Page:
The number of entrants to full-time first degree courses in science, technology, engineering and mathematics (STEM subjects) increased by 3.2 per cent in 2015-16, compared with 2014-15, and has increased by 32 per cent since 2007-08.
STEM subjects with some of the largest proportionate increases between 2006-07 and 2015-16 are:
- physics and astronomy (up 54 per cent)
- chemistry and materials science (up 50 per cent)
- mathematical sciences (up 32 per cent).
There was also a large increase in the number of entrants to biological sciences (up 42 per cent since 2007-08).
However, the Wakeham Review of STEM degree provision and graduate employability identified biological sciences as a subject for which there is considerable concern, as the employment outcomes for these graduates were relatively poor. The review recommended that further targeted work be undertaken to explore the reasons for this.
Engineering and technology is the largest STEM subject group. Overall, there was a 30 per cent increase in full-time first degree entrants to engineering and technology courses between 2007-08 and 2015-16.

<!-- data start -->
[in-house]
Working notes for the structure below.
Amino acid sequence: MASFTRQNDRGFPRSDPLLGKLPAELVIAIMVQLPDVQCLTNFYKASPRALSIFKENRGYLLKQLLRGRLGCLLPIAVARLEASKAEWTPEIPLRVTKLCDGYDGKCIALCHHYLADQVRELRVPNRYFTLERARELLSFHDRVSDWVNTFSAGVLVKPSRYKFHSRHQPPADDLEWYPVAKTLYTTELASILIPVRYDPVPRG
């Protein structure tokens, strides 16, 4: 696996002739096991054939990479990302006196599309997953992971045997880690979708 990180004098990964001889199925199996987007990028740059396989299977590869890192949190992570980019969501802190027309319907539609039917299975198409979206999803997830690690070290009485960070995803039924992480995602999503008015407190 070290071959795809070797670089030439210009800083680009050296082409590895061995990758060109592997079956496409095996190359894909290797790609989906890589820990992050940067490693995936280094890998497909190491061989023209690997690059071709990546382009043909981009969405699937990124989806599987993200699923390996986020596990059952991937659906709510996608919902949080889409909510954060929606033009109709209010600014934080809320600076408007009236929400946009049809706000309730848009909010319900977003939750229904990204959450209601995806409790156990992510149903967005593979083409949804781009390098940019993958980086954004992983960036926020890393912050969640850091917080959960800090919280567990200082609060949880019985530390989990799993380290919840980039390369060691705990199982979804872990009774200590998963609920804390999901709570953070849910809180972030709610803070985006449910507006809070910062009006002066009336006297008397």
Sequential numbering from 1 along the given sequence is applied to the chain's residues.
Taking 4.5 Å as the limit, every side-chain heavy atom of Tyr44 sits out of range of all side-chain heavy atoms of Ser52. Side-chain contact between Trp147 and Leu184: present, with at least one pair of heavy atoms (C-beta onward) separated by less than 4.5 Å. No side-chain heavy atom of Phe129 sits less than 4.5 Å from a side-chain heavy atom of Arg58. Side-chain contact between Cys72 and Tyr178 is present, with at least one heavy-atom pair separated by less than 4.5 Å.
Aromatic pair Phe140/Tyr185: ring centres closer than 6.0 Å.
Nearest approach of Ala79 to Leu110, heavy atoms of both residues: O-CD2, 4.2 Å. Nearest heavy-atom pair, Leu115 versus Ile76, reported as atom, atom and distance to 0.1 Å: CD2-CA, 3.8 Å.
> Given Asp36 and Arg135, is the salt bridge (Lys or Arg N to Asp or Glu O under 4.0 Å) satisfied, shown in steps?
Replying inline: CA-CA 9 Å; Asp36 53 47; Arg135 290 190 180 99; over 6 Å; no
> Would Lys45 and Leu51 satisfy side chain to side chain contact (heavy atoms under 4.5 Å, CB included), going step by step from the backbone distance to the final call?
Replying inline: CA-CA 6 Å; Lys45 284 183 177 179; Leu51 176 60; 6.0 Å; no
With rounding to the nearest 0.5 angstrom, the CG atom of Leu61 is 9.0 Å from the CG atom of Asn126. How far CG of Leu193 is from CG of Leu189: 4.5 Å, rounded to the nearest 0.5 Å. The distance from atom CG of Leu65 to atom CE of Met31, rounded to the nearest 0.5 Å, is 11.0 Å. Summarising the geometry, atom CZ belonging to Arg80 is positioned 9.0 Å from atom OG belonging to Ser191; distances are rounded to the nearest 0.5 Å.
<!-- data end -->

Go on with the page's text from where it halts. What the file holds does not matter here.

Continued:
Within the engineering and technology subject area, the largest absolute increase in first degree entrants was in mechanical, aeronautical and production engineering courses.
Since 2007, HEFCE has provided additional funding to help secure the provision of courses in chemical engineering and mineral, metallurgy and materials engineering (as well as chemistry and physics), recognising that these subject areas are very high-cost. However, the trends in entry to these two areas of engineering have been very different.
The number of entrants to first degrees in chemical, process and energy engineering has increased consistently. By 2015-16 the cumulative increase since the funding began was 147 per cent (from approximately 1,100 to 2,800 students).
By contrast, although there was an initial increase in entrants to first degrees in mineral, metallurgy and materials engineering, this was not sustained. By 2015-16 numbers had declined by 57 per cent (from approximately 1,350 to 600 students).
The number of entrants to full-time taught postgraduate STEM courses was 17 per cent higher in 2015-16 than 2007-08. There was a particularly large increase of 76 per cent in mathematical sciences courses. Engineering subjects also grew, by 28 per cent, although computer science fell by 17 per cent.
However, while the overall number of entrants to full-time postgraduate STEM courses has risen, there has been increasing dependence on overseas students to maintain provision of some disciplines.
For example, the number of entrants to full-time taught postgraduate courses in engineering grew by 28 per cent between 2007-08 and 2015-16, but the number of UK-domiciled students fell by 2.8 per cent and the growth in student numbers was wholly attributable to an increase in students from outside the UK.
In many STEM subjects fewer than 30 per cent of taught postgraduate students are UK-domiciled and for electronic and electrical engineering the proportion is just 10 per cent.